Among all the countries of Central America, Guatemala is the most populated, most diverse and culturally the richest. I have returned to the Mayan heartland many times and, in fact, it was here I first studied Spanish (in 1998)!
Roughly half of Guatemala’s rapidly growing population is ethnically Mayan and the borders of the country contain at least 20 distinct Mayan languages – and they can still be heard.
To that end, Guatemala’s borders echo the typically contrived echo of colonial manipulation. The heart of the Mayan world is certainly Guatemala, but the cultural region reaches from Mexico (Yucatan and Chiapas), into (English-speaking) Belize as well as Honduras and El Salvador.
Guatemala’s history is not easy or happy, but before climbing into some of the atrocities, let me emphasize how impressed and happy I am with the changes in this country!
It has been at least six years since my last visit and nearly 20 since I first took a bus from Belize to Guatemala’s jungly northern region of Petén. Back then – two year hence of a 36 year civil war, Guatemala was poor. Really poor.
It still is, but the roads have improved, the border was friendly (although it still extracted money) and the economic development would be overwhelmingly obvious to anyone who has visited in the past.
The big, dirty and crowed capital of Guatemala… is starting to look a little shinny with concerted efforts clean the roads, although crime remains a huge problem.
In the rest of this diverse country, the Mayan languages really appears to be hanging on and there are now Mayan deputies in government! Only about 8%, but this is from absolutely nothing. Guatemala’s now more stable currency – the Quetzal (named after the magnificent national bird) now proudly exhibits the notes’ value in both Roman & Mayan numerals.
I take nothing away from the large mestizo population in Guatemala, but wrestling control from the few oligarchic families who have controlled the economy (through brutality, intervention and the once-mightly United Fruit Company), shall only happen with pluralistic economic and political participation.
Population growth – as with all the neighbours in the region – is simple out of control. The Catholic Church competes with the many evangelical, Mormon and JW centres of faith that dot the landscape. Many of these Protestant groups entered during the dictatorship of Rios Montt in 1982. Others were invited over 100 years ago.
Montt, who was sponsored by the CIA and a close friend of Jerry Falwell and Pat Robertson is now an old man, but remains controversial in Guatemala (here is a supportive Christian publication grudgingly acknowledging his guilt).
He has been tried and convicted of genocide and, in my mind, deserves to spend his remaining years rotting in a Mayan-run prison.
But of course the drawn-out Guatemalan civil war has much blame to go around. It reeked of cold war conflicts. Unlike the clear ideological battles in other parts of the Americas, the Guatemalan conflict was indeed based upon the utter exclusion of the Mayan majority. An American-style, post-slavery apartheid.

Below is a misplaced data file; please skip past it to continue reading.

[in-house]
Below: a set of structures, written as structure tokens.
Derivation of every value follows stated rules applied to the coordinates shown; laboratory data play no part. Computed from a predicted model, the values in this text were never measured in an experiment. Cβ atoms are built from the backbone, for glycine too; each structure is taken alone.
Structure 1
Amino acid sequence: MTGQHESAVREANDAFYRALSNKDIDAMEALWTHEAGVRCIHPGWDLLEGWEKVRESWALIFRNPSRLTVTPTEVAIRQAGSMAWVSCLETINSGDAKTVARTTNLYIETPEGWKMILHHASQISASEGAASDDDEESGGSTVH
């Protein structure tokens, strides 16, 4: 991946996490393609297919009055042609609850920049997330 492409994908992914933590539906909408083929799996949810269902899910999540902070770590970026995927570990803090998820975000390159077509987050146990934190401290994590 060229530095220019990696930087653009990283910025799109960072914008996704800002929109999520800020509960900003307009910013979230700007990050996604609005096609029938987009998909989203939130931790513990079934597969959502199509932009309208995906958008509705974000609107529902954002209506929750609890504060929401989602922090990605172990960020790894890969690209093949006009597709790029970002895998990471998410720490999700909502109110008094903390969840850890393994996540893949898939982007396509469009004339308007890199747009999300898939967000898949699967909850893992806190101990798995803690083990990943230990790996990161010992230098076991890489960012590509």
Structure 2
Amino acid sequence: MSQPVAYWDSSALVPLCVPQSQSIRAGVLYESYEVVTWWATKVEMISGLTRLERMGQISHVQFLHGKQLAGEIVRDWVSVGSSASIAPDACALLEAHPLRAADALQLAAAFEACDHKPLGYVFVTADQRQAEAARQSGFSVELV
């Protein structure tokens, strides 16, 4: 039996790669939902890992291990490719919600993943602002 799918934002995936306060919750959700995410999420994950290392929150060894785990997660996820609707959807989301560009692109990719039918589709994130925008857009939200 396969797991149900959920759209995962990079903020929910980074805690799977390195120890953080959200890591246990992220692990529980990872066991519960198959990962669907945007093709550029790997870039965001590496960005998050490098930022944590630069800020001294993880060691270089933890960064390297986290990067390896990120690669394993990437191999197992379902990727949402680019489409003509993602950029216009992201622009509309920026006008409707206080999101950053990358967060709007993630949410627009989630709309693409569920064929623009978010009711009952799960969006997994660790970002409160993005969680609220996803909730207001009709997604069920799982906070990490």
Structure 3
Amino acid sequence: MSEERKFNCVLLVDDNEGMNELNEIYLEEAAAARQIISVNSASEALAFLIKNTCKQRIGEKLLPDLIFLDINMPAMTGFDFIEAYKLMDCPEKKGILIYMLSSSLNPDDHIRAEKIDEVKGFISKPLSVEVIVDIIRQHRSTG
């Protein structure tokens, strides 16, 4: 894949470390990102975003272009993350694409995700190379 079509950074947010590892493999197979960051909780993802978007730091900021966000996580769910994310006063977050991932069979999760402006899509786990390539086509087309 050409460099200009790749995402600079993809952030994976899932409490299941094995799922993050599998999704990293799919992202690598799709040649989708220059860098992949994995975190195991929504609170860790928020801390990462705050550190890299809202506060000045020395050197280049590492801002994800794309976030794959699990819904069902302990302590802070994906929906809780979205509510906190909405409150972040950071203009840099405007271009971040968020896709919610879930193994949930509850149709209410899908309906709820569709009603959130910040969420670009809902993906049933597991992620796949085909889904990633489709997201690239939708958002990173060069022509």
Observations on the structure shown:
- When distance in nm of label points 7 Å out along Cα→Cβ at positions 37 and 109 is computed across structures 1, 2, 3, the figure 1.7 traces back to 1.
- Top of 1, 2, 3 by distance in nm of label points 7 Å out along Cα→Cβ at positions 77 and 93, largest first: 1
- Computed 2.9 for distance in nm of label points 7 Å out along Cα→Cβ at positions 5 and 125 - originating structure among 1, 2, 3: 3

I would have been angry too.
Yet Guatemala in 2015 has not only enjoyed nearly 20 years of peace – it survived the end of the world in 2012! I do not want to put either a link to Jesse Ventura’s predictions based on the Mayan Calendar (because he has dived off the deep end) and nor do I want to support Mel Gibson’s entirely erroneous film because it totally misrepresents Mayan history (and because he is an anti-semite).
But back to peace. Peace and stability really appear to work.
I have long loved Guatemala’s landscapes and cultures and it would appear I can enjoy them more easily. Improvements in services are all around, but the identity – if anything – seems a little more confident.
The Guatemalan social fabric has to be among the mostly complicated on the planet. At least 24 languages, tight-knit Mayan communities described by the patterns on their (wonderfully colourful) clothes, a large mestizo community making the best of a rough Capital city and painful echo of the United Fruit Company and of course active volcanoes and tectonic faults (this is, of course Central America).
Guatemala’s first colonial capital, Antigua, was destroy by an earthquake in 1773. Although rebuilt, it really does feel like an 18th century city.
For me, the real magic of Guatemala happens both in the archeological sites of the high Mayan period and in the rural highland.
Guatemala has so very much to discover, climb, hike and study. This country is – or should be – one of the world’s major destinations. — Patrick Twomey
Corruption remains a problem and the same gang violence that haunts Honduras and El Salvador is widespread, but I feel safe and welcome – albeit a little like a walking dollar sign, particularly in popular tourist areas.
Please have a look at some of my photos for a little tease of some of Guatemala’s diversity!
Lastly, I really want to mention the Garifuna people. I didn’t get to their community of ‘Livingstone’ on this trip, but I want to return. The Garifuna are Afro-Caribbean people who live primarily in Honduras, Belize and Guatemala. They resisted the British, the French and the many conflicts in republican times. And their music is cool! But that will have to be another trip… (Check the Garifuna Collective and the Canadian Danny Michel on the video below.)